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Dublin: 13°C Friday 19 August 2022

Nurses suffering from burnout due to overcrowding in A&E, says INMO

The INMO has said the dignity of patients is often diminished because of overcrowded conditions.

Image: Sasko Lazarov

THE IRISH NURSES and Midwives Organisation (INMO) has hit out at the HSE’s perceived lack of action to combat persistent overcrowding in hospitals.

The organisation said today that nurses are suffering from burnout due to the consistent high workloads they are facing, as well as claiming that the dignity of patients is often diminished because of overcrowded conditions.

The HSE has said that the situation is regrettable.

Some 457 patients are without a bed in Irish hospitals today, including 101 patients in University Hospital Limerick.

INMO General Secretary Phil Ní Sheaghdha said this number was “completely unacceptable”.

“For there to be 457 patients without a bed on a single day in the middle of June is not something we should accept as a given. The response thus far from the Health Services Executive, the Health and Safety Authority has been extremely lacking.”

The INMO has requested that the Emergency Department Taskforce meet as a matter of urgency three times but said the response from the HSE has been inadequate.

In a statement to The Journal, a HSE spokesperson said: “The HSE regrets that patients may experience long wait times in our Emergency Departments. However, as always they will prioritise the sickest patients and most urgent cases for treatment and care.”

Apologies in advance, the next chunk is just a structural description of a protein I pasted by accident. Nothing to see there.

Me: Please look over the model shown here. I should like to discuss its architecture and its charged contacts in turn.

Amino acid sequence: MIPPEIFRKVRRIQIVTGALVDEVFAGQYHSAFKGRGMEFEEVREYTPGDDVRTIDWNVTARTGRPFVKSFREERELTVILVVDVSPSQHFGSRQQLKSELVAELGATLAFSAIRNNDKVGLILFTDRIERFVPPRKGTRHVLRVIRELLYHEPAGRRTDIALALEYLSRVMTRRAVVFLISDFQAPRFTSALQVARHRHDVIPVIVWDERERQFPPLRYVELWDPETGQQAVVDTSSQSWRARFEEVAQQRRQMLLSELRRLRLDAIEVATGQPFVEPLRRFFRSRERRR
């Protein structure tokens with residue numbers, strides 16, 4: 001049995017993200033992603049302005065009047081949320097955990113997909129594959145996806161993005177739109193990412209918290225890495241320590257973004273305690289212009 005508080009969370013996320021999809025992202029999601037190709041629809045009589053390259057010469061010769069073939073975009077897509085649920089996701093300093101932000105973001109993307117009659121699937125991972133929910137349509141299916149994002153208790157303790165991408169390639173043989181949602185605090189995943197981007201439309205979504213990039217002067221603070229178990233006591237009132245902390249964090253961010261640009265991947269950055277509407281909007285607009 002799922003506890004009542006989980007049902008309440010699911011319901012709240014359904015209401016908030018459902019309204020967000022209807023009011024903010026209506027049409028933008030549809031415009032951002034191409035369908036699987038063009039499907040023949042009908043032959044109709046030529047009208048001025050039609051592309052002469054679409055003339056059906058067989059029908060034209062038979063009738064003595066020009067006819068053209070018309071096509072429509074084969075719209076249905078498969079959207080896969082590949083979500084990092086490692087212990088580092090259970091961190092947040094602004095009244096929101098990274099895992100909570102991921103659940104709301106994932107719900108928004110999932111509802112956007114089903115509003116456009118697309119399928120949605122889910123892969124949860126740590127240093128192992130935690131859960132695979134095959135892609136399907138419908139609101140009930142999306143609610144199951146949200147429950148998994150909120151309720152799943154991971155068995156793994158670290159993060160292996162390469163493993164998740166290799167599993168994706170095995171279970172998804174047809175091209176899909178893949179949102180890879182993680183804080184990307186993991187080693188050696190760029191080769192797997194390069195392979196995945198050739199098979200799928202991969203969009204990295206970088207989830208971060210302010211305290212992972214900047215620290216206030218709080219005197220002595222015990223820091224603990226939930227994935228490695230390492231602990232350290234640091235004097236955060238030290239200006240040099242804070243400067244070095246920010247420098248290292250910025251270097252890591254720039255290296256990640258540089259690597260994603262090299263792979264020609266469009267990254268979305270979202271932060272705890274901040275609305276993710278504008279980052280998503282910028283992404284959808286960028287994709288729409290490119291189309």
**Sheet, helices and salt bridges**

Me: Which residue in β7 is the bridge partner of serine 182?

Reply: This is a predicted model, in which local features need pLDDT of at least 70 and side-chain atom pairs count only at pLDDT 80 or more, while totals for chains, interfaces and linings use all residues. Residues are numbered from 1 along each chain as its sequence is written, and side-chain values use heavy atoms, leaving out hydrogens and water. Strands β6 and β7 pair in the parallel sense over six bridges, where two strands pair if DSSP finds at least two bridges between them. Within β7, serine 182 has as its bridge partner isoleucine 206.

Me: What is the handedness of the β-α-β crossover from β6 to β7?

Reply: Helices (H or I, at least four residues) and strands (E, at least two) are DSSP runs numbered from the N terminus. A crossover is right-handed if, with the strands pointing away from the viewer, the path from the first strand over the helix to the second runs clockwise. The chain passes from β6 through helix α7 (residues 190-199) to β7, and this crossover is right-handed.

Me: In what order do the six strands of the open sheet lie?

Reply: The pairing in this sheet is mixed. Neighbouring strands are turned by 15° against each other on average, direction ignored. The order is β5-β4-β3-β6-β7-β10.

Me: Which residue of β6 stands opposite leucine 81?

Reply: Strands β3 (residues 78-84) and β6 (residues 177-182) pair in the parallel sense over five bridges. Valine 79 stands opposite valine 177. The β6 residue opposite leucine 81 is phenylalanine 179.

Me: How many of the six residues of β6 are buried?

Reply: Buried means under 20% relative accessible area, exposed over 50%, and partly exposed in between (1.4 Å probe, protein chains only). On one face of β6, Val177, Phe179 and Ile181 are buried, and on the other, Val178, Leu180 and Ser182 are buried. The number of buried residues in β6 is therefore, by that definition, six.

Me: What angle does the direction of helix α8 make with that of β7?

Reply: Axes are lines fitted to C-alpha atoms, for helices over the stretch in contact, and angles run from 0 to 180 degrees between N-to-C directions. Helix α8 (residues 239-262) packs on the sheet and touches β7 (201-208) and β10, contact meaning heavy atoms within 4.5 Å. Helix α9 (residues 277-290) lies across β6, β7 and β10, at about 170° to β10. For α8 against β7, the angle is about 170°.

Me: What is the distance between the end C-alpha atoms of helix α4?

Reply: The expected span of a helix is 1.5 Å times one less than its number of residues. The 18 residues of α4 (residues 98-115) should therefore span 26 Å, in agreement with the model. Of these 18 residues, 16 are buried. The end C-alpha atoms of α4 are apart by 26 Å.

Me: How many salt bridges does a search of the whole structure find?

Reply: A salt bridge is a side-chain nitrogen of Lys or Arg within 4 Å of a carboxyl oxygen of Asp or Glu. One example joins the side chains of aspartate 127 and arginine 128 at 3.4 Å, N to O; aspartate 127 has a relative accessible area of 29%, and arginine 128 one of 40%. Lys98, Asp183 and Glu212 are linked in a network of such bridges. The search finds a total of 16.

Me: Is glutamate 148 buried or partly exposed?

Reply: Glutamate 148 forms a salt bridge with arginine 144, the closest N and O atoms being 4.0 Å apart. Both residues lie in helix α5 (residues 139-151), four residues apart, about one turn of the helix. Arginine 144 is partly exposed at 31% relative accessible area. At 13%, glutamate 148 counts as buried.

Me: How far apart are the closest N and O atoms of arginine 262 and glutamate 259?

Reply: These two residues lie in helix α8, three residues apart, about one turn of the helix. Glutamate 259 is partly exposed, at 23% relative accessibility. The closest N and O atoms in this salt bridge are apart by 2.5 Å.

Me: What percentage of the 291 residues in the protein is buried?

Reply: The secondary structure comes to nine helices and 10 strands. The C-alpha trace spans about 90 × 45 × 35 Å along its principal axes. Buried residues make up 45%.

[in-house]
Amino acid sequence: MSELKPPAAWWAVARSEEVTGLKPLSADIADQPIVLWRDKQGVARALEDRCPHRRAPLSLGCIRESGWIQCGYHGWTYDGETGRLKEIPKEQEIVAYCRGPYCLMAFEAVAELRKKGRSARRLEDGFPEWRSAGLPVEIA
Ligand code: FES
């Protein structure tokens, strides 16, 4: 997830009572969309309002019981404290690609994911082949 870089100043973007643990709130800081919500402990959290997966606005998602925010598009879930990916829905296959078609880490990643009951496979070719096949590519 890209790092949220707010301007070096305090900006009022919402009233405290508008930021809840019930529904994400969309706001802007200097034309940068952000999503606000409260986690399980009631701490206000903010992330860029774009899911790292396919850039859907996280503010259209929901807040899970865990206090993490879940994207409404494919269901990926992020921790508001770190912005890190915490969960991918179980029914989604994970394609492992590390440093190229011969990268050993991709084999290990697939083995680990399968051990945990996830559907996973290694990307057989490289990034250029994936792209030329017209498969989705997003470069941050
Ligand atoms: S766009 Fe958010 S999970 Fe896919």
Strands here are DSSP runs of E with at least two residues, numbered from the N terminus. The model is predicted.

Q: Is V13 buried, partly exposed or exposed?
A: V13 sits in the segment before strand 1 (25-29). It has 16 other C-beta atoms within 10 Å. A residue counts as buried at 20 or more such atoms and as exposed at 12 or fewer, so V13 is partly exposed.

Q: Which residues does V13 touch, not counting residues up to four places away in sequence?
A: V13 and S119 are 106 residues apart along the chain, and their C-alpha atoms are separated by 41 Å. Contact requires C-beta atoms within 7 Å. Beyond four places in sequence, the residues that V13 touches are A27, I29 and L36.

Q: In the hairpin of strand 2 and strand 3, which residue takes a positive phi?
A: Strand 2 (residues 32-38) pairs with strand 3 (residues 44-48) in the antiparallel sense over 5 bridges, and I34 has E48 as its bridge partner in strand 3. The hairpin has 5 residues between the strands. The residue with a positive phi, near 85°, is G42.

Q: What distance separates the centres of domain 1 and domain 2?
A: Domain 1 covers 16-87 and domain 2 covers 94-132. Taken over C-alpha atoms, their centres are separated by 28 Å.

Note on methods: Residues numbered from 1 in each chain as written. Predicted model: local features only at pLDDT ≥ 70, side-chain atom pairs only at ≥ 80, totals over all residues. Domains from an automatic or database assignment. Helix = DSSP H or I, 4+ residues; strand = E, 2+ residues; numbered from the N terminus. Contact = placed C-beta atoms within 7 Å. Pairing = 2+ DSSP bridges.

The spokesperson said delays in the emergency department could be compounded as a patient moves through the clinical care pathway, such as registration or tests.

“Recently the Minister for Health has asked for a three year plan to comprehensively address the multiple factor and reduce the significant delays in access to Emergency Care. This will include issues around capacity as well as capability both with hospitals and the community.”

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This year, the HSE has experienced an increase in emergency department attendances with a significant increase in the number of patients aged 75 and over presenting with “complex care needs and often requiring admission to hospital for further treatment”.

Ní Sheaghdha added: “Our nurses are at the end of our tether, and they cannot provide the clinical care that is required. They are burnt out both physically and mentally and cannot continue at this pace.

“The slow reaction and at times hands-off approach from their employer will drive many nurses out of the profession.

“The dignity of patients is often diminished because of the conditions they are being treated in. Emergency Departments are pressure cooker environments leading to the physical and verbal assault of our members in some instances. The HSE has a duty to provide a safe environment for employees and patients and this just is not being adhered to in the vast majority of hospitals.”

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